Let's recap from early this morning.
Seven people in Texas were sent to death row in part because psychologist Walter Quijano told their juries that as blacks or Hispanics they were more likely to commit future violent crimes than if they had been white.
Quijano shouldn't have done that. What he said is factually wrong; there is no basis for the conclusion that blacks and Hispanics are more violent than whites. What he said is morally offensive; it is racism in action, regardless of whether Quijano thinks so. What he said, in the context of a trial, is legally improper; considerations of race have no place in the criminal justice system. What he said, in the context of a trial, is unconstitutional; it made the sentences, at least in part, dependent on race in violation of the Equal Protection Clause of the Fourteenth Amendment.
Then Texas Attorney General John Cornyn (he's now a U.S. Senator) recognized that what Quijano did was inexcusable and its effect on the sentences unacceptable. He supported vacating those sentences. Of the seven people whose death sentences were infected by Quijano's claims, six had their death sentences vacated and received new sentencing hearings. The seventh is Duane Buck. He's due to be executed Thursday. In part because of Quijano.
One of the prosecutors who tried Buck's case and put him on death row, Linda Geffin, wrote a letter asking the Parole Board to grant him relief. The surviving victim of the attacks that put him on the row, Phyllis Taylor, wants him to get clemency (That's not a recap, I didn't mention it in the last post. But I'm putting her YouTube interview at the bottom of this post.)
The way it works in Texas, the Governor can grant clemency only if his hand picked parole board recommends it.
This afternoon, the Parole Board said no. Making it easy for hoping-to-be-President Perry never to have to say what he would have done. (As if there's any doubt about what the guy who never lost sleep wondering if any of the 234 men and women he sent to death row might have been innocent would have done.)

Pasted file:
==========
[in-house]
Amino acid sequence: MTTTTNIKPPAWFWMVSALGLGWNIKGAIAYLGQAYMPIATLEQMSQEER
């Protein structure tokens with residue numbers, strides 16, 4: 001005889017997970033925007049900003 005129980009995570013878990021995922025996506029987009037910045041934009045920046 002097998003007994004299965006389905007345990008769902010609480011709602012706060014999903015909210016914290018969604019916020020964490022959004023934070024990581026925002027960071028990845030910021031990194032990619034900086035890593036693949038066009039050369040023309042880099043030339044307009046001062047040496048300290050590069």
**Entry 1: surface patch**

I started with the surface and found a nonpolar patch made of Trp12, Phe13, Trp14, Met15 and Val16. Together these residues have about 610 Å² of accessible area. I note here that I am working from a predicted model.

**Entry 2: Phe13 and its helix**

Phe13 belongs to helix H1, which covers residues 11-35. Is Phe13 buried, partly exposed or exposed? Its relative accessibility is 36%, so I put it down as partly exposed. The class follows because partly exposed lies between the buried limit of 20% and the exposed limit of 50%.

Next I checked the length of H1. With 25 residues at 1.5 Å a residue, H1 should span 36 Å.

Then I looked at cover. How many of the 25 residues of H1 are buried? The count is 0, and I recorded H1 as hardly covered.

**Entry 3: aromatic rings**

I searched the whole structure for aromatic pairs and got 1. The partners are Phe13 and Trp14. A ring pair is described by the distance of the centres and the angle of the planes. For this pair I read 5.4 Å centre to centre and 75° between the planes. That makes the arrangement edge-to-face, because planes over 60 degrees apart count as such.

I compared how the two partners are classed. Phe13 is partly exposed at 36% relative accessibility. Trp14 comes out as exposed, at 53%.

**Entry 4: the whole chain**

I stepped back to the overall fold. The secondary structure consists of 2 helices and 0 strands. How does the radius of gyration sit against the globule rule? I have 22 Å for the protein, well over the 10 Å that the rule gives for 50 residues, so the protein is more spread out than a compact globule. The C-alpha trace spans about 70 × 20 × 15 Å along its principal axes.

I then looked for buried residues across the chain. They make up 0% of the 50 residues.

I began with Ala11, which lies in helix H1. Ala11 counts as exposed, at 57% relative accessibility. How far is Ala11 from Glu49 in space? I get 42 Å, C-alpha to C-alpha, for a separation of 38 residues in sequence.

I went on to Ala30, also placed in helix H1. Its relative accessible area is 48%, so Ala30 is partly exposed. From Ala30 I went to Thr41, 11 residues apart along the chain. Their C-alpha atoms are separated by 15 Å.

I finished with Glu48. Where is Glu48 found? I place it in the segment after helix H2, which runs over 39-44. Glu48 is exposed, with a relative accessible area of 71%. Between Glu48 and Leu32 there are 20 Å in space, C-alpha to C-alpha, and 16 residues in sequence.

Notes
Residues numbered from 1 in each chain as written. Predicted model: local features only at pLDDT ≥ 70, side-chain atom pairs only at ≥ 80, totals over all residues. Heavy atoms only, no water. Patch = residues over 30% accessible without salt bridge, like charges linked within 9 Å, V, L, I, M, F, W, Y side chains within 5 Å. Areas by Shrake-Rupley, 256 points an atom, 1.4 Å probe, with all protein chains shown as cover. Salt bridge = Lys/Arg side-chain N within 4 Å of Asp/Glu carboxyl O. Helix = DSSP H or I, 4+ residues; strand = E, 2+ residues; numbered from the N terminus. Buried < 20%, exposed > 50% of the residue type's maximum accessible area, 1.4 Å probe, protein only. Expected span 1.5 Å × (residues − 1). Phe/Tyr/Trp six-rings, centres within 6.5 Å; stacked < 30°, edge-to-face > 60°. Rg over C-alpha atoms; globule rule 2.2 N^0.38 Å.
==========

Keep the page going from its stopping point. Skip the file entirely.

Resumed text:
In response, Kate Black of the Texas Defender Service, who represents Buck, released this statement.
The Texas Board of Pardons and Paroles' recommendation against granting clemency to Duane Buck fails to recognize what the highest legal officer in the State of Texas had acknowledged: No one should be executed based on a process tainted by considerations of race. A trial prosecutor and the surviving victim have asked state officials to halt the execution. The decision as to whether Mr. Buck's execution will go forward now lies squarely with Governor Perry, who has the power to issue a thirty-day reprieve, and District Attorney Lykos, who has the power to ask for a withdrawal of the execution date. We urge Governor Perry to grant a temporary reprieve to allow all parties involved to work together to ensure that Mr. Buck receives a new and fair sentencing hearing untainted by race-based testimony.
The words "fat chance" spring to mind. I hope I'm being too coldly cynical.
I don't think I am.
They plan to murder Duane Buck on Thursday.